Passages: Isaiah 14:3-17; 2 Corinthians 10:18-11:10; Mark 10:1-12
In the name of the Father, Son and Holy Spirit, Amen!
A man owned a grocery store. One day this man was pouring honey from a large container into smaller containers and a drop of honey fell on the floor. At the same time, there was another man with his dog, who was shopping at that store. The dog saw the drop of honey and went to lick it up. The owner of the store saw the dog, became angry and hit the dog over the head. The dog was severally hurt and the owner of the dog saw what the store-owner did and so rushing to the aid of his dog, he attacked the store-owner. In that moment, the son of the store-owner saw his father being attacked by a man and his dog and so he ran to the defense of his father and attacked the man. People, who were passing by, saw what was happening and they one by one, more and more people began going to the defense of each other by attacking each other. Over night civil unrest broke out and men were attacking each other and visa versa. A child in the town saw what was happening around him and he asked his mother, “why are all the men always fighting, people are getting hurt and someone could get killed?” The mother looked at the child unable to answer, because no one knew this all began from a drop of honey.
My dear brothers and sisters, the Pharisees today ask Jesus Christ if divorce is so wrong, why did Moses allow us? However, Jesus’ answer goes far deeper than what they were asking on the surface level because Jesus Christ knew that what the Pharisees were really asking, and what many of us often ask is, “if something is wrong, if something is not proper, like divorce, or suffering, or pain, then why does God allow it?” This is a question many of us struggle with regularly perhaps more this year than ever. In the story of the honey we see that the men were so consumed by vengeance and anger that all they did is attack and attack. They chose to act out, they chose to be violent and the consequence of their anger and furry was the entire town was in turmoil. Much like in the story as is in our daily lives, we neglect to accept our own responsibility, we refuse to converse, we choose not to open our hearts and minds and to love one another – and as a consequence we retaliate. Then we turn and say, why does God allow these things to happen?
That is why Jesus says us, “For your hardness of heart he [Moses] wrote you this commandment.” (v.5) In other words, God allows such things to happen because we choose to make them happen. God is not an overlord or a puppeteer, pulling our strings; God doesn’t cause floods, or sickness, or murder, or fill our hearts with arrogance; God does not fill our lives with pain, misunderstanding, hatred, prejudice or unrest; God did not create sin within us. We choose to sin, to break communion with God, not just in the Garden of Eden as we read the Adam and Eve narrative but everyday from the moment we open our eyes, go about our days, until the moment we go to sleep – what kind of choices are we making? How do we look at and treat everyone around us? We are given freedom to choose, to act, to decide, to reflect and accordingly our choices and decisions will bring about either good or bad outcomes. And so, when we reflect on why does God allow “bad” things to happen, the simple answer is because God allows us to choose what happens.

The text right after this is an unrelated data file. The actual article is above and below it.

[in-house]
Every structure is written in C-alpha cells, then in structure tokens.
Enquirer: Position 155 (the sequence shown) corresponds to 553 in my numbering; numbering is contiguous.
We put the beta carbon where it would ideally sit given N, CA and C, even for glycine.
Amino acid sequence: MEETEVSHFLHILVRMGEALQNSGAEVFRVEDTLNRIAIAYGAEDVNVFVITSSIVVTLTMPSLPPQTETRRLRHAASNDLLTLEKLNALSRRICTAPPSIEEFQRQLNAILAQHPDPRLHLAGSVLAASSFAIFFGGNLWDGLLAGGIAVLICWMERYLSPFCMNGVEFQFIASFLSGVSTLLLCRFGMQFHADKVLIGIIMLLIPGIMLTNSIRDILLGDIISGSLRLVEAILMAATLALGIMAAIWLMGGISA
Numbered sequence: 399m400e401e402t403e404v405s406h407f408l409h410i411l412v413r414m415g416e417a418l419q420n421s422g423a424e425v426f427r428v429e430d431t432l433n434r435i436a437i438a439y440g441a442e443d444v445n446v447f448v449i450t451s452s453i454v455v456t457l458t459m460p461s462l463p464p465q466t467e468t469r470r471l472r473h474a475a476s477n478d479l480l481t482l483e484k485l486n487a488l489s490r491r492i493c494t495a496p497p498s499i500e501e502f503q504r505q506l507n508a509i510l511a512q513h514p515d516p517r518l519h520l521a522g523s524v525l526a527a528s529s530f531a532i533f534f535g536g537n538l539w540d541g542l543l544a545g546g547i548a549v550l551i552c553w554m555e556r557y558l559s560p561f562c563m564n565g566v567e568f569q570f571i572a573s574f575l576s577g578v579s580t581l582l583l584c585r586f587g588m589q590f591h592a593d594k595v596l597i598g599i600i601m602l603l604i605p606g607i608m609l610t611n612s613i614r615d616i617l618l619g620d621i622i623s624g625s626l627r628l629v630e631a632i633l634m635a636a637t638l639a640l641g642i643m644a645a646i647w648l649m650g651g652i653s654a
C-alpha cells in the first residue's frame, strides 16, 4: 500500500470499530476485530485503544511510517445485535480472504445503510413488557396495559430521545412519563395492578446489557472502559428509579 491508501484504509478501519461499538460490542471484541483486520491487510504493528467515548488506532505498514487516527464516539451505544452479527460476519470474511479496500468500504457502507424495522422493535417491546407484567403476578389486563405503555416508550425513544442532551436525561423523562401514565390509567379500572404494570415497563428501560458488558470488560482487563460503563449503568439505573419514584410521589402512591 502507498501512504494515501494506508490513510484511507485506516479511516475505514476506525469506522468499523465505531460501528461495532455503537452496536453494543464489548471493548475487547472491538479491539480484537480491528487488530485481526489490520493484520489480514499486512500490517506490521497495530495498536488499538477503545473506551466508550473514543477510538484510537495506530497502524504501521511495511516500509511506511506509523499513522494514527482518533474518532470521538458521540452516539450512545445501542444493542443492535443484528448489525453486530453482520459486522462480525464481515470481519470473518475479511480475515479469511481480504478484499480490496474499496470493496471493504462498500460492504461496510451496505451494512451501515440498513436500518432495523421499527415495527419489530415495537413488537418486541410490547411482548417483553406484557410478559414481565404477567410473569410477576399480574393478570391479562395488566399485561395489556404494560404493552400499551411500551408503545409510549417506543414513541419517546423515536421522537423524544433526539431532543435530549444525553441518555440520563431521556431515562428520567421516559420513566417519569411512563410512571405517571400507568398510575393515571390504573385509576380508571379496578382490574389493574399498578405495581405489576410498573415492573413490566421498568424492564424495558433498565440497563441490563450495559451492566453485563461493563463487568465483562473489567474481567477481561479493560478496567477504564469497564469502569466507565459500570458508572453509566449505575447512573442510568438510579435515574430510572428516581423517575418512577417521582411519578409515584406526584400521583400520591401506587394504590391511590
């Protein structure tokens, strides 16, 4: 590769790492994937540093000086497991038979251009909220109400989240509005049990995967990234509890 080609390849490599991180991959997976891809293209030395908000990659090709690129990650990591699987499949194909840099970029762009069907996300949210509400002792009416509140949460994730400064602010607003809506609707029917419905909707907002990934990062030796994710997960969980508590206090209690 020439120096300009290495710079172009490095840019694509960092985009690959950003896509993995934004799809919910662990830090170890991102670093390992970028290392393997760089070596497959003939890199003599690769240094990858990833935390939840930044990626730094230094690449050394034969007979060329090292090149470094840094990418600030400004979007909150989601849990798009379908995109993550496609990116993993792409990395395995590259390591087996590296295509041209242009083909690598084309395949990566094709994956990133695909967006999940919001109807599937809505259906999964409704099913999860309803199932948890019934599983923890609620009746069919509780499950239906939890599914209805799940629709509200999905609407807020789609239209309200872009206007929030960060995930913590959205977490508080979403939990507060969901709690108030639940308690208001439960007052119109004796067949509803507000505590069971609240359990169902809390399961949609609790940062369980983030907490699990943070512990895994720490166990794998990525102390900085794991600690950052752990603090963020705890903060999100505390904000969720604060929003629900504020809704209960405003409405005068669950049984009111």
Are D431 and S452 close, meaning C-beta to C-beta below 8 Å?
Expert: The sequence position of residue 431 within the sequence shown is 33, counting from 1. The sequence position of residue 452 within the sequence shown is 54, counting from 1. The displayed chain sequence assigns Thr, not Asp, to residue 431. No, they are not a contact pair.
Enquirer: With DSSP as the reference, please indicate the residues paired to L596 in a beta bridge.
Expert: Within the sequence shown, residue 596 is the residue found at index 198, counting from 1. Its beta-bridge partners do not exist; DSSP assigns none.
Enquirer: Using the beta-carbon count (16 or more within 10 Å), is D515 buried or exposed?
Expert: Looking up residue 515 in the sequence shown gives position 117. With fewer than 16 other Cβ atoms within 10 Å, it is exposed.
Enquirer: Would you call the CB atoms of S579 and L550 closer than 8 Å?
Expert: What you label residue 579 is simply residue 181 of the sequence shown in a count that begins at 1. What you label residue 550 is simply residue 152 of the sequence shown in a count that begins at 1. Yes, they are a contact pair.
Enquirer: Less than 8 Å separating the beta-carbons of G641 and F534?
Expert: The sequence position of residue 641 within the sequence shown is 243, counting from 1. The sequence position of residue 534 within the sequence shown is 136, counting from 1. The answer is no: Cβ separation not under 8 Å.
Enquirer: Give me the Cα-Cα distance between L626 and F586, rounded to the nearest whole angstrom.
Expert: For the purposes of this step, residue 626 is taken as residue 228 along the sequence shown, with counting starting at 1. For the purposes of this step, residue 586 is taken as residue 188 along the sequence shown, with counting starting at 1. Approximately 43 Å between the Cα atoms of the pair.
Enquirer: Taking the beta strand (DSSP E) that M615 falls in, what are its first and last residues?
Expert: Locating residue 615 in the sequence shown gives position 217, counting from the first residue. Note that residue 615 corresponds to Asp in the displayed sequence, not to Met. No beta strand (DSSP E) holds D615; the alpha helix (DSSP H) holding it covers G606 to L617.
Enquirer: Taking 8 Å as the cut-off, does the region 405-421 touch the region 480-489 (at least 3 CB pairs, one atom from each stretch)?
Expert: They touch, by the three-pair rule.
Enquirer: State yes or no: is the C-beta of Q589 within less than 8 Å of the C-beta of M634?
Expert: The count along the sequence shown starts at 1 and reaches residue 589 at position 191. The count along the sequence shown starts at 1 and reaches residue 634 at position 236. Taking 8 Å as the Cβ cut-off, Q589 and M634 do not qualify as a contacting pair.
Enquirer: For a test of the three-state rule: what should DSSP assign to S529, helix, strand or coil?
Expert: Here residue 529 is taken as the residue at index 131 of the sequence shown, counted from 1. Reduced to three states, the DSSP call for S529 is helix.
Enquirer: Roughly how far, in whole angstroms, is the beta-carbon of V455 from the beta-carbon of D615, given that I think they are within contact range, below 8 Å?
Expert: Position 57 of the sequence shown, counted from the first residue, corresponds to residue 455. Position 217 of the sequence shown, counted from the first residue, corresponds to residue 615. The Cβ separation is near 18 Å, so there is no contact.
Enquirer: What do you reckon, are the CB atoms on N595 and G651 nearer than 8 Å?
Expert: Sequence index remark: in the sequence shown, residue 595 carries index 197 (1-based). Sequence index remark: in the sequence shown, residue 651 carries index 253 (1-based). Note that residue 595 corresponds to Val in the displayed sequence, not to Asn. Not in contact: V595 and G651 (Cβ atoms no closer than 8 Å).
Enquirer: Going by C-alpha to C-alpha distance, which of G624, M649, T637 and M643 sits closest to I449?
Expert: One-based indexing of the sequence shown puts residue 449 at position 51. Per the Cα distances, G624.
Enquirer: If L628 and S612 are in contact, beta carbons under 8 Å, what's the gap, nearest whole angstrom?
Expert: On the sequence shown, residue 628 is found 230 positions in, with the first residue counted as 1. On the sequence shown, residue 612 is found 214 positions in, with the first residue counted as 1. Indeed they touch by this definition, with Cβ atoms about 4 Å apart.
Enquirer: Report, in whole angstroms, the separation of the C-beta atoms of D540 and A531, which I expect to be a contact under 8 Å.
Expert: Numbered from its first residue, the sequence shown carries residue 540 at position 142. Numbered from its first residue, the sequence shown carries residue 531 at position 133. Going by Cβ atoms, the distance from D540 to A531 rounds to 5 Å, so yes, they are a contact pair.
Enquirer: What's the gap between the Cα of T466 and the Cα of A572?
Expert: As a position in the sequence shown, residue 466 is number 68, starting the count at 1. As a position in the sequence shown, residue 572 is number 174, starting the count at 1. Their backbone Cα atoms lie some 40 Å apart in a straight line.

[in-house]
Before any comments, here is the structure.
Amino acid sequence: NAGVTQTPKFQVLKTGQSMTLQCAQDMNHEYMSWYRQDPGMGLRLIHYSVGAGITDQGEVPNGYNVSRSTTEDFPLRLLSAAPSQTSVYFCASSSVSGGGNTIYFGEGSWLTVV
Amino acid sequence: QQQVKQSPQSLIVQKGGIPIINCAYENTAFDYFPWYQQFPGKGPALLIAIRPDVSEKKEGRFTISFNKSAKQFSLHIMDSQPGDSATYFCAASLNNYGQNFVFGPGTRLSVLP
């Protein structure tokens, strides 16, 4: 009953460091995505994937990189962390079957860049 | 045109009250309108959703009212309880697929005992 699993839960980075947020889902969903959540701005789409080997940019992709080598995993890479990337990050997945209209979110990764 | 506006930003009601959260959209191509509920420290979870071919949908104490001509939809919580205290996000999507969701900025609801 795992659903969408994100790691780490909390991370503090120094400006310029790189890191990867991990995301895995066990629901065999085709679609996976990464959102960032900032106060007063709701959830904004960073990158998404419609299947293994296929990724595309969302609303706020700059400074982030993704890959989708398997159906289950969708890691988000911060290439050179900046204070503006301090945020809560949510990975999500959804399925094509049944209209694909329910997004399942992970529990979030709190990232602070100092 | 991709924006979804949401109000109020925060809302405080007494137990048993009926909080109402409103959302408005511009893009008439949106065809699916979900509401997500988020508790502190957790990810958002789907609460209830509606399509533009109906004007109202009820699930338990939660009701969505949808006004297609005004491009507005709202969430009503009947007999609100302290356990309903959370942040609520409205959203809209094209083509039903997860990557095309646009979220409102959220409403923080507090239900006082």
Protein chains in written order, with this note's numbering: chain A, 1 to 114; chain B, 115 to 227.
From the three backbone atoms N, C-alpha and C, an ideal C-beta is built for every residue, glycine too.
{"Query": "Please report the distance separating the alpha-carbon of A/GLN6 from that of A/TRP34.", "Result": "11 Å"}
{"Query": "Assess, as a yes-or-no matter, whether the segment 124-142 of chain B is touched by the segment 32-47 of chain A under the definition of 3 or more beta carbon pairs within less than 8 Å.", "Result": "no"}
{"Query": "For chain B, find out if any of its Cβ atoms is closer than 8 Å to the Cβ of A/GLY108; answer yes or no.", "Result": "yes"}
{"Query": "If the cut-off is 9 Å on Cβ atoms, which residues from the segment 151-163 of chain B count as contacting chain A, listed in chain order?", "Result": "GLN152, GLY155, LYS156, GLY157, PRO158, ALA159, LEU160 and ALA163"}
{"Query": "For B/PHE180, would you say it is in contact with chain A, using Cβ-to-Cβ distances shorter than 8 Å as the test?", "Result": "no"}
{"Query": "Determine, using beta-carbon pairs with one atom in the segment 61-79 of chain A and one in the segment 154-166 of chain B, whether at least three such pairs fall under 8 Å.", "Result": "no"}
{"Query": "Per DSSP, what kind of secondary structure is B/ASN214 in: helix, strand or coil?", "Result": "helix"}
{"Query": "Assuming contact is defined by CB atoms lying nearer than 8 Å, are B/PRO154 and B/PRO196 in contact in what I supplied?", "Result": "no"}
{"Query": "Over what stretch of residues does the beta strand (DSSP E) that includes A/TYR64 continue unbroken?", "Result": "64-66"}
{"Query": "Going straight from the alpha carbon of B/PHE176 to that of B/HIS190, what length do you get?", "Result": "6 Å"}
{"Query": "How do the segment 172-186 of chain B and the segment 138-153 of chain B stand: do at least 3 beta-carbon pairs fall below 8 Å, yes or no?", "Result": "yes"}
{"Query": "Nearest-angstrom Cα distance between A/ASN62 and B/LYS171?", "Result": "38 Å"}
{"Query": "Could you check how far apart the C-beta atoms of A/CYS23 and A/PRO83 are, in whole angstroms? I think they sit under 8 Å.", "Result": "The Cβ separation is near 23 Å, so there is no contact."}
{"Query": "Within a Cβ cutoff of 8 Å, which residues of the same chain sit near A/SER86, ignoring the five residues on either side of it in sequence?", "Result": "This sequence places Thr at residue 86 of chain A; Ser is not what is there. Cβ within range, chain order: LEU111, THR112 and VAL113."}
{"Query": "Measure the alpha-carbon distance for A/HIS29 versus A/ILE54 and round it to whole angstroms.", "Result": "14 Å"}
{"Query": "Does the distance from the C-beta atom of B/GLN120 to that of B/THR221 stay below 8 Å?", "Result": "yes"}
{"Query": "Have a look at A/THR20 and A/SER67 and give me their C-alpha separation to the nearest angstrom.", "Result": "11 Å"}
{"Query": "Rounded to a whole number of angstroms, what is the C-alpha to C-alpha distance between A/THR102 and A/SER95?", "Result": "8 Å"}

It may be a cliché example, but when we see each other in the morning and say “hi how are you?” how much do we care about the person in front of us? When we are conversing with each other on any matter, are we listening to learn, to appreciate, to understand a different viewpoint or merely listening to be able to argue, retaliate and show how the person in front of us is wrong? As we slowly edge towards the elections in November, I see the comments and hateful messages from people to each other, do I jump in and start adding fuel to that fire or do I not get involved and rather look to see how I can be better? We choose to allow good or bad to happen and these are just a few examples in our daily lives my dears where those choices are made.
Now you may say how can my small comment or action change all the world’s negativity? My dears, our choices can change this world. Just like the drop of honey brought unrest to the town in my story, likewise, the smallest act of love and kindness will have an equally as powerful reactions as does our negative actions. If you throw a heavy rock into the water and watch the ripples spreading out, throw in a tiny pebble and you will see how those new ripples change the surface of the water. Every choice we make, every thought, every action has consequences, therefore, what kind of world are we creating and shaping? We speak about our rights but rarely acknowledge our responsibilities. My dears, we have only one right that has been given by God – the right to choose. What we do with that choice is a reflection of our faith or lack there of. Do we choose love or hate? Do we choose to listen or retaliate? Do we choose momentary satisfaction or real happiness and joy? Do we choose revenge or rehabilitation? Do we choose Communion or sin?
Whatever we choose, we must remember that there will be echoes, ripples and consequences from those choices, from the greatest to the smallest actions. Therefore, my dear brothers and sisters, let us take time to reflect every day, every moment, and pray for those choices we will need to make. Allow God to soften our hearts, to open our eyes, ears and mouths to bring glory, love, compassion, healing, forgiveness and blessings into each other’s lives. Let us pray, that God will forgive us of our sinfulness so that we can begin to see His goodness. God allows us to choose what happens in this life, what kind of life are we preparing to create?